Fighting in school and neighborhood contexts among African American youth is a very important phenomenon when we consider the concern about safety in the school context where most youth spend their daily hours. Black and minority youth compared to White youth are more likely to be victims of violence in elementary and junior high school settings (Hill, 1998). Exposure to violence statistics show male ethnic minorities are more likely to witness and experience violence (Buka et al., 2001). Factors that influence or are related to the increase of fighting behavior of youth include alcohol usage (Corvo, 2000), drug addiction (McGarvey et al., 1996; Nurco et al., 1997), carrying weapons and supportive attitudes for violence (Cotton et al., 1994), teasing (Mooney et al., 1991), disagreements over boyfriend relationships (Cousins and Mabrey, 1998), and lack of family support (Arriaga and Oskamp, 1998; Paschall et al., 1996). It is our contention that violence prevention initiatives must understand not only the beh aviors of youth who engage in or are victims of these acts, but also the surrounding perceived emotional, cultural, gender, and ecological demands that influence their self- and other-perceptions. In effect, we are preoccupied with the phenomenological and meaning-making processes that Black youth engage in as they negotiate various social interactions.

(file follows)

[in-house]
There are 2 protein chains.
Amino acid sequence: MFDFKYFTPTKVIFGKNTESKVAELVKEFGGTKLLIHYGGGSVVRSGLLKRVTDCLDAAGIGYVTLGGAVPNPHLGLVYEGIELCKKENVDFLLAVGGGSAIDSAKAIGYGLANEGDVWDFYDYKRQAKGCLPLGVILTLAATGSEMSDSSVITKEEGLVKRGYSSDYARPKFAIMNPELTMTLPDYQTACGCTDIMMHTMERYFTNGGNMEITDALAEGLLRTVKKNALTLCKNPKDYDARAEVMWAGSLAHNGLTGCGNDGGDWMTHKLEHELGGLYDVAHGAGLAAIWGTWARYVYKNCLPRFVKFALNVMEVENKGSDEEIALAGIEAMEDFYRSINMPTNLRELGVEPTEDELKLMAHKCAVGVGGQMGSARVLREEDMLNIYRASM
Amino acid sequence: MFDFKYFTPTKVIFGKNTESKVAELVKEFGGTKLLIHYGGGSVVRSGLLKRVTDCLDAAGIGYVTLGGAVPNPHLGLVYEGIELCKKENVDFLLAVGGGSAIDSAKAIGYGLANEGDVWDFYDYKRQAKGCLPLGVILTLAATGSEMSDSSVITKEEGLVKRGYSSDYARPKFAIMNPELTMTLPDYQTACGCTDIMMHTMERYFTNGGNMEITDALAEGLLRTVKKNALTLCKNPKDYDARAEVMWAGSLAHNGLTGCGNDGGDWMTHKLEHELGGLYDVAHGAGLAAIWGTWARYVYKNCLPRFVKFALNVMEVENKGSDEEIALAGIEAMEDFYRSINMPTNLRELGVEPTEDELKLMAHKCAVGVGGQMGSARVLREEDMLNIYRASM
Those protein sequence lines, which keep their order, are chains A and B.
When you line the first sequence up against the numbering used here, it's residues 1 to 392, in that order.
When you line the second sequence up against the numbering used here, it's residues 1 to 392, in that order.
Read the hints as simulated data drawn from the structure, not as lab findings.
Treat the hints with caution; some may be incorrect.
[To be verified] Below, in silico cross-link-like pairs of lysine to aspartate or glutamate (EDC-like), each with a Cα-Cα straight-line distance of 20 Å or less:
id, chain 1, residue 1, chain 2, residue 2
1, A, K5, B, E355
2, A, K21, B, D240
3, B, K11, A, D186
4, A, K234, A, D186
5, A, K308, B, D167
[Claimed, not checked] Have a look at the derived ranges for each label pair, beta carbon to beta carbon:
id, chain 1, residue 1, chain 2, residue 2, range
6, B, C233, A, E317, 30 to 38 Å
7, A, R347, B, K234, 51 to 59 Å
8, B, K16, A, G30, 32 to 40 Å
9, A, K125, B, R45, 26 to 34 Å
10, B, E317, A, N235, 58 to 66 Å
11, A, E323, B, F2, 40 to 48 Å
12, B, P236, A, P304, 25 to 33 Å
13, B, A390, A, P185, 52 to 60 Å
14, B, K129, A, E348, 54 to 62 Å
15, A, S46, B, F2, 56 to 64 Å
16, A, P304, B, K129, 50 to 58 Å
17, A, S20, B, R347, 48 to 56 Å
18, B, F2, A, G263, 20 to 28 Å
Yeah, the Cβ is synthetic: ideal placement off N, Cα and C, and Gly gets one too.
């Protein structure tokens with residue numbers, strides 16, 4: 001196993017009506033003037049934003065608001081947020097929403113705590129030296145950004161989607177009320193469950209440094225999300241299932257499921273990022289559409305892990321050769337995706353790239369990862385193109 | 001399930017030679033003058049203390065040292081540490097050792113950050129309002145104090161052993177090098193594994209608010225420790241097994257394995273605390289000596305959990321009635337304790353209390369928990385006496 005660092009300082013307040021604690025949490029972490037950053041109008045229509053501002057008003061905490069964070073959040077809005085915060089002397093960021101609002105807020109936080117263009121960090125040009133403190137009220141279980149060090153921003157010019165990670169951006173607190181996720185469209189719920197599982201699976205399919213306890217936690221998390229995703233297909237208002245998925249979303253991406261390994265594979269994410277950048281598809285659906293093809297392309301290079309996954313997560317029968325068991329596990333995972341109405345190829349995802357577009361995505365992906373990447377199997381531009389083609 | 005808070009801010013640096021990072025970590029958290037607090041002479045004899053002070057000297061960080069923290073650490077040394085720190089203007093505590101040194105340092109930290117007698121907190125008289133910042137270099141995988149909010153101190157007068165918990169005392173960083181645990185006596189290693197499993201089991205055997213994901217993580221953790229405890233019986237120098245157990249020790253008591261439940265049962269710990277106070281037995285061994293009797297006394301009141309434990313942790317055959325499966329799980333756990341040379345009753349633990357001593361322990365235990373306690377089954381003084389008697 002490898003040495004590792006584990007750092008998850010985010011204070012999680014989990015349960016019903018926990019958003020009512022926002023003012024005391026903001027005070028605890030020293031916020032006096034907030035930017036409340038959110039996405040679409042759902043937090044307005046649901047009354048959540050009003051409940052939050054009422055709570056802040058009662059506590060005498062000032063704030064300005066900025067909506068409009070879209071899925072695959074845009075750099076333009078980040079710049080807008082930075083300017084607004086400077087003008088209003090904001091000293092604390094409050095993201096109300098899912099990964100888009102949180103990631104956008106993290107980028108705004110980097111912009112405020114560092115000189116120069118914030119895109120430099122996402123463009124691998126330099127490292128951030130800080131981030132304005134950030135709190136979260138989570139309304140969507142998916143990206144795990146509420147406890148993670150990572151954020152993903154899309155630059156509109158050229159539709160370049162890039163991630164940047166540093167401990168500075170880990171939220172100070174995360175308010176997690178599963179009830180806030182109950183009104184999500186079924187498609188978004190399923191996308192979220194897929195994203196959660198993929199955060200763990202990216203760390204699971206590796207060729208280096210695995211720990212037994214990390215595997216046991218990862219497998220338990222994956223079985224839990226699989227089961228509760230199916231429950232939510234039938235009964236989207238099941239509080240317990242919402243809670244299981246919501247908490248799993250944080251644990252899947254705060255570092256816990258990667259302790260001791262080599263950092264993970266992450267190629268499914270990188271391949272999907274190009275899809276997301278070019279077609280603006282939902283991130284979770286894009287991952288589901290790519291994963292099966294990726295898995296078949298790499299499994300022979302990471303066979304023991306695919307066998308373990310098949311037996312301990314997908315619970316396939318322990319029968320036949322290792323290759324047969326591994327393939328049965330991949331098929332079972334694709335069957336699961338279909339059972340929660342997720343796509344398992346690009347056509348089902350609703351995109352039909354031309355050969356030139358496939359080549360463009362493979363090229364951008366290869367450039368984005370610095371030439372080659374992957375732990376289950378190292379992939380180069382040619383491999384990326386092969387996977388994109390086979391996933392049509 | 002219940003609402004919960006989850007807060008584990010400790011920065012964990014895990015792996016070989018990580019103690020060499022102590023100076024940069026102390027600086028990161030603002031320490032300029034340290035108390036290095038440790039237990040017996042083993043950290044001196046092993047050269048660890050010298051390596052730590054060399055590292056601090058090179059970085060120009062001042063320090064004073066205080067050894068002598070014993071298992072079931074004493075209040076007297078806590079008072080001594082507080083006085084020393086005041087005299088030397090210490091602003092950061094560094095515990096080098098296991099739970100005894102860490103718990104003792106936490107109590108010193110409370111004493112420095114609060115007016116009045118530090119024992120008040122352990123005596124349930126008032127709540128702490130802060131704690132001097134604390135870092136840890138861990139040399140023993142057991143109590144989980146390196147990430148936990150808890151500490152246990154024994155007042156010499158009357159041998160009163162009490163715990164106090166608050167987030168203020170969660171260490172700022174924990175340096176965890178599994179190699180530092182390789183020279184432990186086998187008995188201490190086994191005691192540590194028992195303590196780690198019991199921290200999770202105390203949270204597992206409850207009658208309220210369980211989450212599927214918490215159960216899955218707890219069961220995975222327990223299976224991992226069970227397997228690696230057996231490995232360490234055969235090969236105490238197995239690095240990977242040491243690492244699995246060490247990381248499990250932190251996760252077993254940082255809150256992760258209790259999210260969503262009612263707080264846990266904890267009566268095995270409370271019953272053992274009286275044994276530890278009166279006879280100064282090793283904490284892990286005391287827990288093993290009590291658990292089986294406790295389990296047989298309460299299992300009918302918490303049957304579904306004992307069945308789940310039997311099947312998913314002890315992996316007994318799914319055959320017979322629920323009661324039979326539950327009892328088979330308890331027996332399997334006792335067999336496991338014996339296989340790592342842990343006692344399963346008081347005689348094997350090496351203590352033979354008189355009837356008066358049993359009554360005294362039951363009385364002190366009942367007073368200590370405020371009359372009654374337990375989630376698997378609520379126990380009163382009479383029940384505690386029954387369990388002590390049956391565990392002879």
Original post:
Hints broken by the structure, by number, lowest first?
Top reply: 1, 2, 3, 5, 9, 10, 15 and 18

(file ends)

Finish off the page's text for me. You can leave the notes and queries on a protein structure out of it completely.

One cultural-phenomenological factor that has received attention in community violence prevention is the perception of danger (Garbarino et al., 1992; Stevenson, 1997). Whether students understand what is dangerous and what is not is irrelevant when we consider that those events perceived as dangerous are still dangerous in the minds of youth and will govern their fight and flight reactions. Stevenson (1997) found that students who showed higher levels of calamity fear were less likely to demonstrate high levels of acting out anger and anger suppression, while more likely to show anger control in tense situations. Fear of real or perceived danger is therefore considered to be a protective factor for Black youth. This is mostly true, however, for youth who live in neighborhoods they define as dangerous. There is a both-and quality to this fear, however. Sometimes the perception of danger can lead youth to carry weapons when they feel isolated to manage the violence tension alone and without family support (Ho ward et al., 2002; Zimmerman et al., 1998).
Ironically, cultural and ecological demands on the gender identity development of Black youth often judge concern or fear of one's safety as "sweet," "soft," and weak. To demonstrate toughness is better than fear in the public arena of adolescent identity politics; what Spencer et al. (1995) call "reactive coping." Stevenson (1997) found that male bravado or the lessened fear of potential calamity can be a risk factor for anger expression and that as a male characteristic may represent a salient cultural issue that warrants intensive resocialization. Conversely, to be naturally afraid (and thus cautious) of potential calamity may increase one's chances of survival even if it may inhibit one's identity formation as "hardcore" or as a "roughneck." This would be what Grant et al. (2000) identify as "avoidant coping" and has protective outcome implications for Black youth under intense societal and cultural stress.